What’s your favorite nickname for our 16th President? “Honest Abe”? “The Great Emancipator”? “Spotty”? (this more unusual nickname is reflective of his verbal contradictions when speaking). However you know him, there is no denying that Abraham Lincoln had an extraordinary impact on the growth of the United States into the nation we know today. Many have called him "America's greatest President." His leadership through the bloody conflict of the Civil War and his efforts to end slavery changed history, but his personal experiences of loss and grief and his public death forever changed how we mourn and bury our own dead. Lincoln was not just a great politician; he was also relatable and knowable, unlike most Presidents before him. Because of the increased flow of information across the country through mail and newspapers, news became more national than local as the 1800s progressed. When Lincoln's son Willie died in February of 1862, The New York Herald newspaper announced the news, and the country mourned alongside Lincoln and his family.

Lincoln and Loss

Infant and child death and death by infectious disease were much more common in the mid-1800s, making death a familiar visitor to most families. Lincoln, however, suffered perhaps more serious losses in his short life than many. As a young man, he lost his brother in infancy, his mother early in life at the age of 9, and his sister at 19. Adult losses included his fiancé, his father, two sons, his protégé Elmer Ellsworth (who was also the first Union soldier killed in the war), his best friend William McCullough, three brothers-in-law, and the valet he trained and worked with for years. (Note: the valet's death was more complex than it might appear on the surface, as there is a possibility that Lincoln himself infected him with the smallpox he died of). The Lincoln family also lost six horses and ponies in a fire set by a former employee looking for revenge; these animals were very dear to Lincoln himself, as one of the ponies had belonged to his son Willie and represented one last link to his deceased son. Lincoln himself tried to run in and save the pony, but the fire was too overwhelming.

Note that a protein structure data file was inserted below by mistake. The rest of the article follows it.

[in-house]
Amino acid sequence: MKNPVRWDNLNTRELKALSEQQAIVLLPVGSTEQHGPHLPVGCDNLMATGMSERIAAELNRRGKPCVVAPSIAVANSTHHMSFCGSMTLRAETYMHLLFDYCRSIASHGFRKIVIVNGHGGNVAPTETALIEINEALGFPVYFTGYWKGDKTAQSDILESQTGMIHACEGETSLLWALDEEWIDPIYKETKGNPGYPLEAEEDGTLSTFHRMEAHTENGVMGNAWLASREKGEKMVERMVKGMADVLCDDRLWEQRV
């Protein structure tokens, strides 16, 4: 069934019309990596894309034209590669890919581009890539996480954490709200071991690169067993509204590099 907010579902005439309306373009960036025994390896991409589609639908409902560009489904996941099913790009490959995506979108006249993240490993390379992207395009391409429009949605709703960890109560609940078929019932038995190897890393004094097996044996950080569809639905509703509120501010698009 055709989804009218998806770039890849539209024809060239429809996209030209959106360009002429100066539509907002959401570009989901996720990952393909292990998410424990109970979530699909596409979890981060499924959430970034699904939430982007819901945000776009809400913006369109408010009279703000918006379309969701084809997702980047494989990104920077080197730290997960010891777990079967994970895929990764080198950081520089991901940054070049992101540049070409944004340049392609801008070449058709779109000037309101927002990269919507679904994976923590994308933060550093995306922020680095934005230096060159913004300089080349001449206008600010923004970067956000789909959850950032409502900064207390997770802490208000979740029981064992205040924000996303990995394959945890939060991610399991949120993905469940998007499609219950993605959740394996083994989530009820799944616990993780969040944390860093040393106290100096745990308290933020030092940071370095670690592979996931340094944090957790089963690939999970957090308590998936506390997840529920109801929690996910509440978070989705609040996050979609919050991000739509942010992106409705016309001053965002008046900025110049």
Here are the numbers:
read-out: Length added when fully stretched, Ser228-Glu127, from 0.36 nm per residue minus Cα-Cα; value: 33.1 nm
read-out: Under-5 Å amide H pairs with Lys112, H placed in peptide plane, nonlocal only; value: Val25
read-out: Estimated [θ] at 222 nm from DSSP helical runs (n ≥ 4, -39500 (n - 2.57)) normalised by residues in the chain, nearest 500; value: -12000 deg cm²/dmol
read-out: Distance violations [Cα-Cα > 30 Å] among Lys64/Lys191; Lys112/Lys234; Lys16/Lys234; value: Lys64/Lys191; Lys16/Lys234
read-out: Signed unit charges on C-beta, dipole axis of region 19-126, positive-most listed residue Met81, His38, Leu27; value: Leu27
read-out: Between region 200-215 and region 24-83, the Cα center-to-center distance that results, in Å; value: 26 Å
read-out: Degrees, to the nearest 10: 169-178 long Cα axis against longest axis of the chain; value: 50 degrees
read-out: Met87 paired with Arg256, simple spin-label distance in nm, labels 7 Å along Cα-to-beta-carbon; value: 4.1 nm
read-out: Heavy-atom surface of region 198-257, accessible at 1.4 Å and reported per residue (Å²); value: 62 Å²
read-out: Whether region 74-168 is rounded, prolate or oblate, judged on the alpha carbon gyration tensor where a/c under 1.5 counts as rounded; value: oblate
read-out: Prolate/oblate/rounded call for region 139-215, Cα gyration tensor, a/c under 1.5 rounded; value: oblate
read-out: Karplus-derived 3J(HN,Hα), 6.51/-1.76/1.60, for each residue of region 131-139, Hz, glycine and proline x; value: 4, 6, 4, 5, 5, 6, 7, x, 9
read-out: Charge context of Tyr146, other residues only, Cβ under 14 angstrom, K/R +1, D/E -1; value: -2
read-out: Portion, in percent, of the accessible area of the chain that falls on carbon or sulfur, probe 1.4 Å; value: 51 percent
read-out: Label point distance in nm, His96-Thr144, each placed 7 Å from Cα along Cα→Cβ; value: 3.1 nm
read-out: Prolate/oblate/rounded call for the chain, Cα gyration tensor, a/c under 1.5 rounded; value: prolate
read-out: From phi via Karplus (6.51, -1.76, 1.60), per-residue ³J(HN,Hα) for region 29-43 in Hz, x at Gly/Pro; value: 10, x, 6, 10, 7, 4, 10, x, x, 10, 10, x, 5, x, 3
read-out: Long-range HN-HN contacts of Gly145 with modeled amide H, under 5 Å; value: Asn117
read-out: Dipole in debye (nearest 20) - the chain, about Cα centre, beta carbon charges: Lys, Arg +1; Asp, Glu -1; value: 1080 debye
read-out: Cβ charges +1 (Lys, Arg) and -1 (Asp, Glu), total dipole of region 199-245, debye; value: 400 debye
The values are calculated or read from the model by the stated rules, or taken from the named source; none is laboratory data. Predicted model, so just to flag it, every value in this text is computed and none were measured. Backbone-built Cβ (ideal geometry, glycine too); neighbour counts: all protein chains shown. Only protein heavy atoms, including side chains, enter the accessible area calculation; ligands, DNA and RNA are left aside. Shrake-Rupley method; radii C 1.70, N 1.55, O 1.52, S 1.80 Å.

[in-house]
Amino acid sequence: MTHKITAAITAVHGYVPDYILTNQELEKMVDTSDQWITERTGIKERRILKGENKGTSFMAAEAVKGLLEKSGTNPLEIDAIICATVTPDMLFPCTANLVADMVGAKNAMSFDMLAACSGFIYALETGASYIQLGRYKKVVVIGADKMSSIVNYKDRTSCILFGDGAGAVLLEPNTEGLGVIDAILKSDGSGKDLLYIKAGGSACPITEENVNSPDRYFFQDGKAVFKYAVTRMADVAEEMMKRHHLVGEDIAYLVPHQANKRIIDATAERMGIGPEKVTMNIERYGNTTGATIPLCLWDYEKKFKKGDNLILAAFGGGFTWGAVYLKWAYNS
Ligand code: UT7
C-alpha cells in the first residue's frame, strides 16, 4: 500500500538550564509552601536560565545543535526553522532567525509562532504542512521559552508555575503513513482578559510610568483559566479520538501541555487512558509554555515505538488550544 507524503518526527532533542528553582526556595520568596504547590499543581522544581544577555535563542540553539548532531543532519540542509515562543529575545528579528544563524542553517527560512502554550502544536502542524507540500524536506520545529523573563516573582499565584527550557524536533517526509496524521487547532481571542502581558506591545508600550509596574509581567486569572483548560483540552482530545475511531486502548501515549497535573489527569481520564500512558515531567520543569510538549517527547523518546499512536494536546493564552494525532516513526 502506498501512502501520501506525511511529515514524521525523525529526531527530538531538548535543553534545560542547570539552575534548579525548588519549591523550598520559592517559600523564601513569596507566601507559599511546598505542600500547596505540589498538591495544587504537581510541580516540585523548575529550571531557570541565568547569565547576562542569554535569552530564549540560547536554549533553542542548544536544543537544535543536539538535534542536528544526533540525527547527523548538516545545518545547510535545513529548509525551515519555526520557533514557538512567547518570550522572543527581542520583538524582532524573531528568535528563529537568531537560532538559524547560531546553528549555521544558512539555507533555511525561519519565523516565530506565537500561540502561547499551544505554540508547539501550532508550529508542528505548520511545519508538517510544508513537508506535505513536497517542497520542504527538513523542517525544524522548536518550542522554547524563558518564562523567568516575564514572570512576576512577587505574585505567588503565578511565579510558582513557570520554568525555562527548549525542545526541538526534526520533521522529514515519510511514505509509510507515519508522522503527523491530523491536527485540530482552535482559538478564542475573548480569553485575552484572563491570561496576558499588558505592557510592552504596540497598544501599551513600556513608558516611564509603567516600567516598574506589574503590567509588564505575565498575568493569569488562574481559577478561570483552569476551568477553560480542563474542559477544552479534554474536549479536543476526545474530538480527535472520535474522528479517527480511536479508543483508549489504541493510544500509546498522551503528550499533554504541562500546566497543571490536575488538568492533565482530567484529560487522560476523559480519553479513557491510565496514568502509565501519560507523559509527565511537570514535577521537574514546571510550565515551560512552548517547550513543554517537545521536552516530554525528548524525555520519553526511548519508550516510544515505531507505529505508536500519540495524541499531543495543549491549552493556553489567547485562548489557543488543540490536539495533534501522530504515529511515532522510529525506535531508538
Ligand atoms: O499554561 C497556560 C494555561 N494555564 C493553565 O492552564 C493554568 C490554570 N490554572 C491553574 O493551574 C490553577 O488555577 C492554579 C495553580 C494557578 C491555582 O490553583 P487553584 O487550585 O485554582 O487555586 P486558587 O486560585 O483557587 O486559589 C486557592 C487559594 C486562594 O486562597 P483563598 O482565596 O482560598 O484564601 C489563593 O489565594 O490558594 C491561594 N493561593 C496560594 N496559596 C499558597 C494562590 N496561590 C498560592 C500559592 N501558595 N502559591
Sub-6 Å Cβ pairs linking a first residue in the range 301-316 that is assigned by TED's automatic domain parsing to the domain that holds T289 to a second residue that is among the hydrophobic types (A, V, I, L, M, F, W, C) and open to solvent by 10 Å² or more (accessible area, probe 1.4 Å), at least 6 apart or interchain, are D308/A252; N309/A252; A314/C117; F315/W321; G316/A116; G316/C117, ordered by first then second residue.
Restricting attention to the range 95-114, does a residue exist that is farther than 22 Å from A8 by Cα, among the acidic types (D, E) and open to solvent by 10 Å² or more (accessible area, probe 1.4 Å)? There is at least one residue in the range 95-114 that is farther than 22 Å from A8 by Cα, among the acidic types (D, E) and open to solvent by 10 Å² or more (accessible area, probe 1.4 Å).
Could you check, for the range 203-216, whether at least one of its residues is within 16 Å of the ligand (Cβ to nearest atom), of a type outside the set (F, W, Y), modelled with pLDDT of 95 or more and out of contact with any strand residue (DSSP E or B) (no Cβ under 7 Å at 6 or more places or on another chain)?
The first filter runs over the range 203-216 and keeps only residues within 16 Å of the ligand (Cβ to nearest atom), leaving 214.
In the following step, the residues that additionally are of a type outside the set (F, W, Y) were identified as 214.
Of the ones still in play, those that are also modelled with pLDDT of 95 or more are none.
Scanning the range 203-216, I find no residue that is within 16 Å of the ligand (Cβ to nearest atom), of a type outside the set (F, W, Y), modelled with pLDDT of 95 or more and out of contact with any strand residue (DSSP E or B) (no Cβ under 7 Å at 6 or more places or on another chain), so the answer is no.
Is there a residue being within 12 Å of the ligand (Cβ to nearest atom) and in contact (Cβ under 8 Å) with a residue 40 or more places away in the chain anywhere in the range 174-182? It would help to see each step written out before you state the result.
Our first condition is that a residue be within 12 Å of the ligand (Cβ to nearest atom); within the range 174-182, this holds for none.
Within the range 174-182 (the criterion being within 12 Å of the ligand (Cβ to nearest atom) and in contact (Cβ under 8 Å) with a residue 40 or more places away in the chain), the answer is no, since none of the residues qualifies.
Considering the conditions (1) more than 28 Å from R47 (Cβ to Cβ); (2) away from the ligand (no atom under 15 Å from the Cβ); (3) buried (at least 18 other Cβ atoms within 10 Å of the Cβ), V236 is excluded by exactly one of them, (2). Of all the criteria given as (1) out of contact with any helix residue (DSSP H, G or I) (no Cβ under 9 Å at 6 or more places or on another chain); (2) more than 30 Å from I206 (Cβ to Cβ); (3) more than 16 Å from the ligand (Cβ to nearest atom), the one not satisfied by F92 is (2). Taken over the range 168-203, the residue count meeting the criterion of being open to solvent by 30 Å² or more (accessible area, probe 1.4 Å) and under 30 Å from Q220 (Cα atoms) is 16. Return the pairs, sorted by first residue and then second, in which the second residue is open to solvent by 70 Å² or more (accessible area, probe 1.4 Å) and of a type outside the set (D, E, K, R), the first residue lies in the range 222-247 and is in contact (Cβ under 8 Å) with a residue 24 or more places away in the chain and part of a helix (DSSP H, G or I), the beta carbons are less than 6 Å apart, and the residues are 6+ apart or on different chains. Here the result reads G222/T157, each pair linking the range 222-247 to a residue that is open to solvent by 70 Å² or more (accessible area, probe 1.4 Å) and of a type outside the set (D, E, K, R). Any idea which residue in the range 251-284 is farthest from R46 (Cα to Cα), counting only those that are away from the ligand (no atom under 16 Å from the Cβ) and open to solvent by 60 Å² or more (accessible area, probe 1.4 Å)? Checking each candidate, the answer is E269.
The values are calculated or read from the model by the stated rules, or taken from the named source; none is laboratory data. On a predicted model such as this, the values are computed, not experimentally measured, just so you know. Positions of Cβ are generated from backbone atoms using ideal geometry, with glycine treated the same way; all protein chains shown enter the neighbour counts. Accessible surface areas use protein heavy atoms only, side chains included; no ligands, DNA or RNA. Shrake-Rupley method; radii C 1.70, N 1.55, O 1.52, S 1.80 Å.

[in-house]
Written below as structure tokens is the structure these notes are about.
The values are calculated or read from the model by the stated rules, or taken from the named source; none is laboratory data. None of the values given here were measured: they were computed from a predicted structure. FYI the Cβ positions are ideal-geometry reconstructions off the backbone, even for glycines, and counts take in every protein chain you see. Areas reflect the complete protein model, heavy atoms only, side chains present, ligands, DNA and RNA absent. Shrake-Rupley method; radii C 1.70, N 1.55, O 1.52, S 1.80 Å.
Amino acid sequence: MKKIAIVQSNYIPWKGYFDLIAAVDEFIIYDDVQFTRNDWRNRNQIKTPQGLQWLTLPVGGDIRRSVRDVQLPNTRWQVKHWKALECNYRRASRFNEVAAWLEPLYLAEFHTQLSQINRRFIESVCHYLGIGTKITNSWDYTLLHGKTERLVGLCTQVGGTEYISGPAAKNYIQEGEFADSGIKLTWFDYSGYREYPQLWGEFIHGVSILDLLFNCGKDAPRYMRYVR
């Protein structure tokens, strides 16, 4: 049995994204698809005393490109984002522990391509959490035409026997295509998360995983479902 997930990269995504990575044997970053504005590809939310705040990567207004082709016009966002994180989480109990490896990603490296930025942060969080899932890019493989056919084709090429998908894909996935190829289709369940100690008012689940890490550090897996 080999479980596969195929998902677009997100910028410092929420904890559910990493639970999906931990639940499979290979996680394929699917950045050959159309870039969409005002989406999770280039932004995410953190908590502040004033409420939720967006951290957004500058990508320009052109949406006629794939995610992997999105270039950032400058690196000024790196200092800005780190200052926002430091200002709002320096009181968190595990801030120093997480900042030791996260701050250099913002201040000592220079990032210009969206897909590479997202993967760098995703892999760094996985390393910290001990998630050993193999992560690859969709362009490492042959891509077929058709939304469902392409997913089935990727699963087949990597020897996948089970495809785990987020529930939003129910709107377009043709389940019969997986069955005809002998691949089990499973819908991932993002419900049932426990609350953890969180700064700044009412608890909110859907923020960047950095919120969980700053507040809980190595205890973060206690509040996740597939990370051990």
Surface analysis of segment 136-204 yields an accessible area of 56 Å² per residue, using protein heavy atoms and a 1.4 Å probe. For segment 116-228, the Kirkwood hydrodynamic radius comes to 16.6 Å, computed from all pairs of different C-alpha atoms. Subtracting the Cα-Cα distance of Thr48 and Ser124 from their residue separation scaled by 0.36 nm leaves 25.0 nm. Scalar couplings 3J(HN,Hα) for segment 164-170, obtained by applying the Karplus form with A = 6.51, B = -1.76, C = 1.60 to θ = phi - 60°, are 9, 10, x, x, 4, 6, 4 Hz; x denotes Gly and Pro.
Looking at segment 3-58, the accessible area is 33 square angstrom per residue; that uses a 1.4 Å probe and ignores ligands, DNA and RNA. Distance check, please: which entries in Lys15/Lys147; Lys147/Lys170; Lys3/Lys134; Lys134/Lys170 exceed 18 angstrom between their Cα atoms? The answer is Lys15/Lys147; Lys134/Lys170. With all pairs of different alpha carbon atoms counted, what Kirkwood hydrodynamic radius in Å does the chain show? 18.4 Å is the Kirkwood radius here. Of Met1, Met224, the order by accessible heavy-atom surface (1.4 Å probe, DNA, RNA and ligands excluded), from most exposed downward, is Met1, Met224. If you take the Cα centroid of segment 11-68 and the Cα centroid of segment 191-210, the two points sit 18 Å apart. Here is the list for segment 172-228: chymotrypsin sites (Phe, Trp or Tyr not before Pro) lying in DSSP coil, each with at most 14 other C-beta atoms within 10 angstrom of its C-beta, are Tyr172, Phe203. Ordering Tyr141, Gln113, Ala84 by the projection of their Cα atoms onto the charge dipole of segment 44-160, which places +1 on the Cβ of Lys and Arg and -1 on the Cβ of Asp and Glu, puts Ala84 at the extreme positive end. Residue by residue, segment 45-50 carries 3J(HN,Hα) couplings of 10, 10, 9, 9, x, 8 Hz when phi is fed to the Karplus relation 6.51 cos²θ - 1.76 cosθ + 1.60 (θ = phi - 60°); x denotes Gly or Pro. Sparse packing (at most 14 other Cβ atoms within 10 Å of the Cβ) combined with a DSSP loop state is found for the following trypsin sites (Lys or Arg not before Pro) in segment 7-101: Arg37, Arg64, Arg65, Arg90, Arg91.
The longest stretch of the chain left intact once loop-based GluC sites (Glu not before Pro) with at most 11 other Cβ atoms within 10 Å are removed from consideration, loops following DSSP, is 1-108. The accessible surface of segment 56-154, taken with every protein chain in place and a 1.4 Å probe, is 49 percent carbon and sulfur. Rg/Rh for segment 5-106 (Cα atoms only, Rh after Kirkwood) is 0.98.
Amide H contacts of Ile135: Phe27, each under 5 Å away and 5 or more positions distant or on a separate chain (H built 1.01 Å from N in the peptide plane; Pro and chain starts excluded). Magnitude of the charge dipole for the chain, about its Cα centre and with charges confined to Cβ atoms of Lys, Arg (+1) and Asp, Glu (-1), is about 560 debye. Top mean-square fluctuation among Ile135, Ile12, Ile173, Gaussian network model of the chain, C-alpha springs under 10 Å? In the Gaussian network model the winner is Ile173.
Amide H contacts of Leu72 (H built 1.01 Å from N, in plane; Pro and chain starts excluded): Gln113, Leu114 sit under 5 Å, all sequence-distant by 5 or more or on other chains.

Lincoln did not hold his grief close to the vest; he openly sympathized with others and shared his experiences. He wrote two famous letters of condolence – one to the parents of Elmer Ellsworth and another to Fanny McCullough, the daughter of his close friend William McCullough. To Ellsworth's parents, he wrote, "My dear Sir and Madam, in the untimely loss of your noble son, our affliction [grief] here is scarcely less than your own…In the hope that it may be no intrusion upon the sacredness of your sorry, I have ventured to address you this tribute to the memory of my young friend, and your brave and early fallen child." To Fanny, he penned words sharing his own experiences of loss – "…in this sad world of ours, sorrows come to all, to the young, it comes with bitterest agony because it takes them unawares." He reassures her, "You can not now realize that you will ever feel better. Is this not so? And yet it is a mistake. You are sure to be happy again…I have had experience enough to know what I say, and you need only to believe it, to feel better at once." Lincoln’s openness no doubt reduced the isolation that Fanny felt; he had no way of knowing that centuries later, reading these letters would continue to bring comfort to grievers. Thanatologist Harold Ivan Smith writes, "Grievers need stories or story fragments for reflection…the emotional wilderness of one griever becomes an oasis for another."